Diagnosing nodule dysfunction in narrow-leafed lupins
Nitrogen deficiency from nodule dysfunction can be caused by lack of Rhizobia, soil conditions, herbicide toxicity, or molybdenum or cobalt deficiency.
What to look for
- Smaller paler plants, with severity often varying with soil type.
- Plants frequently recover in spring.
- Smaller paler plants with thinner stems and fewer laterals.
- Nodules are reduced or absent.
- If nodules are present they are small, and when split have pale or white, rather than pink interiors.
- Plants frequently recover in warmer weather as plant growth increases and nodules form on laterals.
What else could it be
|Diagnosing waterlogging in narrow-leafed lupins and field peas||One cause of nodulation failure||Waterlogging causes premature plant death if sustained|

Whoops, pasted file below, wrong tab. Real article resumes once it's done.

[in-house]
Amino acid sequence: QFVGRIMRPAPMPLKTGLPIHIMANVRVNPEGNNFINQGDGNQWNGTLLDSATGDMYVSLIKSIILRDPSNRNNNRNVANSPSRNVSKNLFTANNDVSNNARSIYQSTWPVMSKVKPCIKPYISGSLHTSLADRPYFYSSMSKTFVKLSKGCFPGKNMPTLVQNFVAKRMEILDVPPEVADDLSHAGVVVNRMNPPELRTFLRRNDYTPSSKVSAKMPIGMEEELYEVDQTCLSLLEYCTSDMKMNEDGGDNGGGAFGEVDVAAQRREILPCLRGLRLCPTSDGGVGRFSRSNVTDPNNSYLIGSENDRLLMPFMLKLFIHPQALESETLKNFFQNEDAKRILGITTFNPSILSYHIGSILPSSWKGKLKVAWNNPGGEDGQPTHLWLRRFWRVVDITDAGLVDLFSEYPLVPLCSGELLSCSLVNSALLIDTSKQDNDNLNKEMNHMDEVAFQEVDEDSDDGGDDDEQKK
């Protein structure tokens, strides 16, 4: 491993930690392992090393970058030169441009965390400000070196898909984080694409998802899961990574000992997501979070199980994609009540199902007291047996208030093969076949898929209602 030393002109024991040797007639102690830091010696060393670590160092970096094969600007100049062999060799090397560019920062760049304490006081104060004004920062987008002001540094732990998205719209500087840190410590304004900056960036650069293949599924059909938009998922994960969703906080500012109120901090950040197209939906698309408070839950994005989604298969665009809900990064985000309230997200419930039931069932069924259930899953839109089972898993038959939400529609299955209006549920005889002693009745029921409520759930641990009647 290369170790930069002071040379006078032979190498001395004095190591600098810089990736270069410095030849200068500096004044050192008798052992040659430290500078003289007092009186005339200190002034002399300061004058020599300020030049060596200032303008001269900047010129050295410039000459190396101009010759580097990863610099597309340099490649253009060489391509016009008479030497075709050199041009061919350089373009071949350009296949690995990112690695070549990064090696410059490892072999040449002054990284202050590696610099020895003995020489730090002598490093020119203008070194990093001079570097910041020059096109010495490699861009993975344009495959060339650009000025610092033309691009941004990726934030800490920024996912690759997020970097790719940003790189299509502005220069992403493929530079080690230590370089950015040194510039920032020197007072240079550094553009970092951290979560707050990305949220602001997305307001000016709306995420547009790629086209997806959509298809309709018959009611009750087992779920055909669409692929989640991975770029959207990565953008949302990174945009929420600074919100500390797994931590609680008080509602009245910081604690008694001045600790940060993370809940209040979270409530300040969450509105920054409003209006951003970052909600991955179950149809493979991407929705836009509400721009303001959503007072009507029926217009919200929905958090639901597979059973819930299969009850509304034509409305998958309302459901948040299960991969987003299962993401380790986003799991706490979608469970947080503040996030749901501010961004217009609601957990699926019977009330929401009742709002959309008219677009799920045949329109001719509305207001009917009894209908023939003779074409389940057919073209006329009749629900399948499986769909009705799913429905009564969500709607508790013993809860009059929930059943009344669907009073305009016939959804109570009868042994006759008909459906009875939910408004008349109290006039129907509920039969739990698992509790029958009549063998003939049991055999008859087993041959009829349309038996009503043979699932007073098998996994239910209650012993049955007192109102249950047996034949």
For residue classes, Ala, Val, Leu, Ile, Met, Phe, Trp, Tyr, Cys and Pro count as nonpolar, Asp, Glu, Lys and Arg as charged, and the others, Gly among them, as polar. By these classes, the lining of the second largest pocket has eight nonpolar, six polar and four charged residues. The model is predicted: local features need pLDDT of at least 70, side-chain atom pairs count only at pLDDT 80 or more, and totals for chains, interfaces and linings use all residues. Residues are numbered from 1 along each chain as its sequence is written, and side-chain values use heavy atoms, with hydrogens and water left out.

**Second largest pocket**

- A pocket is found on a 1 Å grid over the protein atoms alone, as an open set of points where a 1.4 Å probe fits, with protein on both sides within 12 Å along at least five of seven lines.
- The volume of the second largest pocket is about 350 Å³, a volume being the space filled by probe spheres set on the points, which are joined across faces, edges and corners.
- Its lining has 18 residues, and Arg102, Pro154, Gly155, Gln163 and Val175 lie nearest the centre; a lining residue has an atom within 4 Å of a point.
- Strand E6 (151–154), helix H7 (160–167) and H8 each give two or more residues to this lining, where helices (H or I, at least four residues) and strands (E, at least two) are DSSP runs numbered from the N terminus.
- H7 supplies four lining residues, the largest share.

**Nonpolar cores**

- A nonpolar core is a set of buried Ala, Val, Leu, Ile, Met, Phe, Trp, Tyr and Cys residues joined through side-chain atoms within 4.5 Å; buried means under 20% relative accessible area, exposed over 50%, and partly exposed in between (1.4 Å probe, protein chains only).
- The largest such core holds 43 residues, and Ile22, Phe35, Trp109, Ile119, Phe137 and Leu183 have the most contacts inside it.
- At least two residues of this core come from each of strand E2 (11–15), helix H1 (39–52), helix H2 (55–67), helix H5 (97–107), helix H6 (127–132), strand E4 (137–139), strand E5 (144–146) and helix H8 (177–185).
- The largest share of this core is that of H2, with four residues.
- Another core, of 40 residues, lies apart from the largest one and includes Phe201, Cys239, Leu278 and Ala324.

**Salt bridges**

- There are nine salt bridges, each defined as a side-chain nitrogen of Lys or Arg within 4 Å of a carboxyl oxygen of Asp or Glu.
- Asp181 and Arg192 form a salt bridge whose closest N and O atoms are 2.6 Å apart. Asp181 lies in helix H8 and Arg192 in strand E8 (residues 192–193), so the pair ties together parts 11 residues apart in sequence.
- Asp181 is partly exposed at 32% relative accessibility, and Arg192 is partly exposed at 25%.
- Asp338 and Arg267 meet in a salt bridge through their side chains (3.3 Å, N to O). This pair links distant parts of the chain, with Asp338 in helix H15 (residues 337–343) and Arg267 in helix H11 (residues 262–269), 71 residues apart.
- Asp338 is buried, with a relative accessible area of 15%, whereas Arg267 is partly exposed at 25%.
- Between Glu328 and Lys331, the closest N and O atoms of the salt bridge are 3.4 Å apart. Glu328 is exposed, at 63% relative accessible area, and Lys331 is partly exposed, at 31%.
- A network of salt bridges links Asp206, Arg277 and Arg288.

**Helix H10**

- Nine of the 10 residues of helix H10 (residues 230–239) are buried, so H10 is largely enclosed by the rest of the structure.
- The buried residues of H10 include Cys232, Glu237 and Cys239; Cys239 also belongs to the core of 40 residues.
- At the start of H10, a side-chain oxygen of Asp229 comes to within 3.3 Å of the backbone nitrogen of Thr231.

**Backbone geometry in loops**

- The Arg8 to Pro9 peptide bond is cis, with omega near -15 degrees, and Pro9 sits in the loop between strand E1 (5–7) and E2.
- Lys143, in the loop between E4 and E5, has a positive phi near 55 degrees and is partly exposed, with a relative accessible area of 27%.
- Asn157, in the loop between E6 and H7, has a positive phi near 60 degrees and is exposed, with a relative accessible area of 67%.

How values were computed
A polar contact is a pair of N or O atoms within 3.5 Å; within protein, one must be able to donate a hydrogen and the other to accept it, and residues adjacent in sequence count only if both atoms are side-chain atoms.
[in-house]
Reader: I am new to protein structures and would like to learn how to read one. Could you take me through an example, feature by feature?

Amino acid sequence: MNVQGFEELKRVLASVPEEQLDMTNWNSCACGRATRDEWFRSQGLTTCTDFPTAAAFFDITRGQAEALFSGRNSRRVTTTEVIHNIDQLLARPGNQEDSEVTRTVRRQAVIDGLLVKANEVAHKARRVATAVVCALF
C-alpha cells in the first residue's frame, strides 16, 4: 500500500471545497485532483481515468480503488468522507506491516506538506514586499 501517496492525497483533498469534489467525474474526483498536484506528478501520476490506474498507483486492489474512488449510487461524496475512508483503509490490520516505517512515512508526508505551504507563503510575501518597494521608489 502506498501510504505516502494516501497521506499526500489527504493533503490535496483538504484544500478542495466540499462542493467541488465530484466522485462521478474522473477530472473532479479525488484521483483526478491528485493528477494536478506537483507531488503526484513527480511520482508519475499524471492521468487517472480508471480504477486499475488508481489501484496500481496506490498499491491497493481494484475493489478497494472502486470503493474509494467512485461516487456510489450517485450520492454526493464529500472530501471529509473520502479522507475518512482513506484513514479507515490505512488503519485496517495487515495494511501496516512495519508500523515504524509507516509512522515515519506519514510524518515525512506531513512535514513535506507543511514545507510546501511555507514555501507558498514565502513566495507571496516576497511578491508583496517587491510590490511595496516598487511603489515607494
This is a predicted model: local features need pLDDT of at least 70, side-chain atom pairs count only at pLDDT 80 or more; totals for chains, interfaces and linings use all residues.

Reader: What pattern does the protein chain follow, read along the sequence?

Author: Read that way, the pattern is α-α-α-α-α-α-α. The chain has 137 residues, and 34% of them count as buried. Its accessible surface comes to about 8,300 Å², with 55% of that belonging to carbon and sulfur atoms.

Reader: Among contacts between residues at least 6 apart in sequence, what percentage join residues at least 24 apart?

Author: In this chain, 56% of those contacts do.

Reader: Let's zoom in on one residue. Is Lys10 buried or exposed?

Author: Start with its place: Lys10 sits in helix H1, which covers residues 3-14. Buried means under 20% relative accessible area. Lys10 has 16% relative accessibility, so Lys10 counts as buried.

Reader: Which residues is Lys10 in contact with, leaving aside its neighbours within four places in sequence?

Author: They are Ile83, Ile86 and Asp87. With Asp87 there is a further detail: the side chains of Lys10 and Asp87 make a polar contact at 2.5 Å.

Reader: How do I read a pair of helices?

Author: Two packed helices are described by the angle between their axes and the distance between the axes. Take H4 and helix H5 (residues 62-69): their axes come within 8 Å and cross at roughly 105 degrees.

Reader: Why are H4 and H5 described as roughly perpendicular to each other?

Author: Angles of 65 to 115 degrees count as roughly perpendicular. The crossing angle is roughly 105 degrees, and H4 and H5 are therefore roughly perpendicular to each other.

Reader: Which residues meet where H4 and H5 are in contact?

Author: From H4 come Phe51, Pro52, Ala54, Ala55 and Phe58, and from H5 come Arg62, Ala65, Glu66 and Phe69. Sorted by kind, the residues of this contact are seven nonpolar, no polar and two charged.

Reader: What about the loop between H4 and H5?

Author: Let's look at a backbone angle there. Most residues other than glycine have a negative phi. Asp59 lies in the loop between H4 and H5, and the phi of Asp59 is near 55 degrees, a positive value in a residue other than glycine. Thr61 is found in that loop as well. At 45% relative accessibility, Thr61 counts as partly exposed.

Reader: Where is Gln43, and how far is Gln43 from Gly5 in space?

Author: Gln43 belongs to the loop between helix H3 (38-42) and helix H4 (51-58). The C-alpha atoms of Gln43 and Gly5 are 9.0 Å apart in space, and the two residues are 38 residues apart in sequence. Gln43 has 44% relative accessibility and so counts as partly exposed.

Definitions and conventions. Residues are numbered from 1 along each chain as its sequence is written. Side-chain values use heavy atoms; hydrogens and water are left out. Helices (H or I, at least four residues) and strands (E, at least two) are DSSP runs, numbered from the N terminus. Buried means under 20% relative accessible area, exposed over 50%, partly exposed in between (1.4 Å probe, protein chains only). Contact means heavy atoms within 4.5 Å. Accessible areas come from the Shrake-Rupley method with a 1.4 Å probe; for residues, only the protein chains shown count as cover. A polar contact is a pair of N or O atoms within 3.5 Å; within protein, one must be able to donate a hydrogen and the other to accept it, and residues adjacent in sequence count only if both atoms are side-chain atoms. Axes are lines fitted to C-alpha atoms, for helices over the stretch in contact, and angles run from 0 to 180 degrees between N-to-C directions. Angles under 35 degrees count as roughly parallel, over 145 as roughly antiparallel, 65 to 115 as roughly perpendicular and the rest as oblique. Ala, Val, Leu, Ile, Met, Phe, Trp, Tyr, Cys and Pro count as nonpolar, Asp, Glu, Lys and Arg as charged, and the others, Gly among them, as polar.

|Diagnosing potassium deficiency in narrow-leafed lupins||Smaller pale plants||Nodules present|
Where did it come from?
Possible causes are:
- Lack of suitable rhizobia. This is rare on soils suitable for lupins as lupin rhizobia live freely in all but very alkaline soils. Nodules will be absent. Other causes below tend to result in small white or green nodules.
- Residual herbicides can prune fine roots and reduce nodulation.
- Cold or wet conditions inhibit nodulation formation and function, but plants generally recover when in warm well-drained conditions.
- Molybdenum deficiency that causes scattered affected plants amongst normal ones on acidic sandy soils.
- Rhizobia require cobalt for effective nodule function, but it is not a plant nutrient. Nodulation responses are very rare but have occurred on Swan coastal plain sands.
How can it be monitored?
- Check roots for nodules with a pink interior.
- There is no reliable soil test for molybdenum or cobalt deficiency.
- Use youngest fully-emerged leaf to test for molybdenum. Levels less than 0.005 mg/kg indicate deficiency. Take paired good/poor plant samples when possible.
Page last updated: Thursday, 5 February 2015 - 3:08pm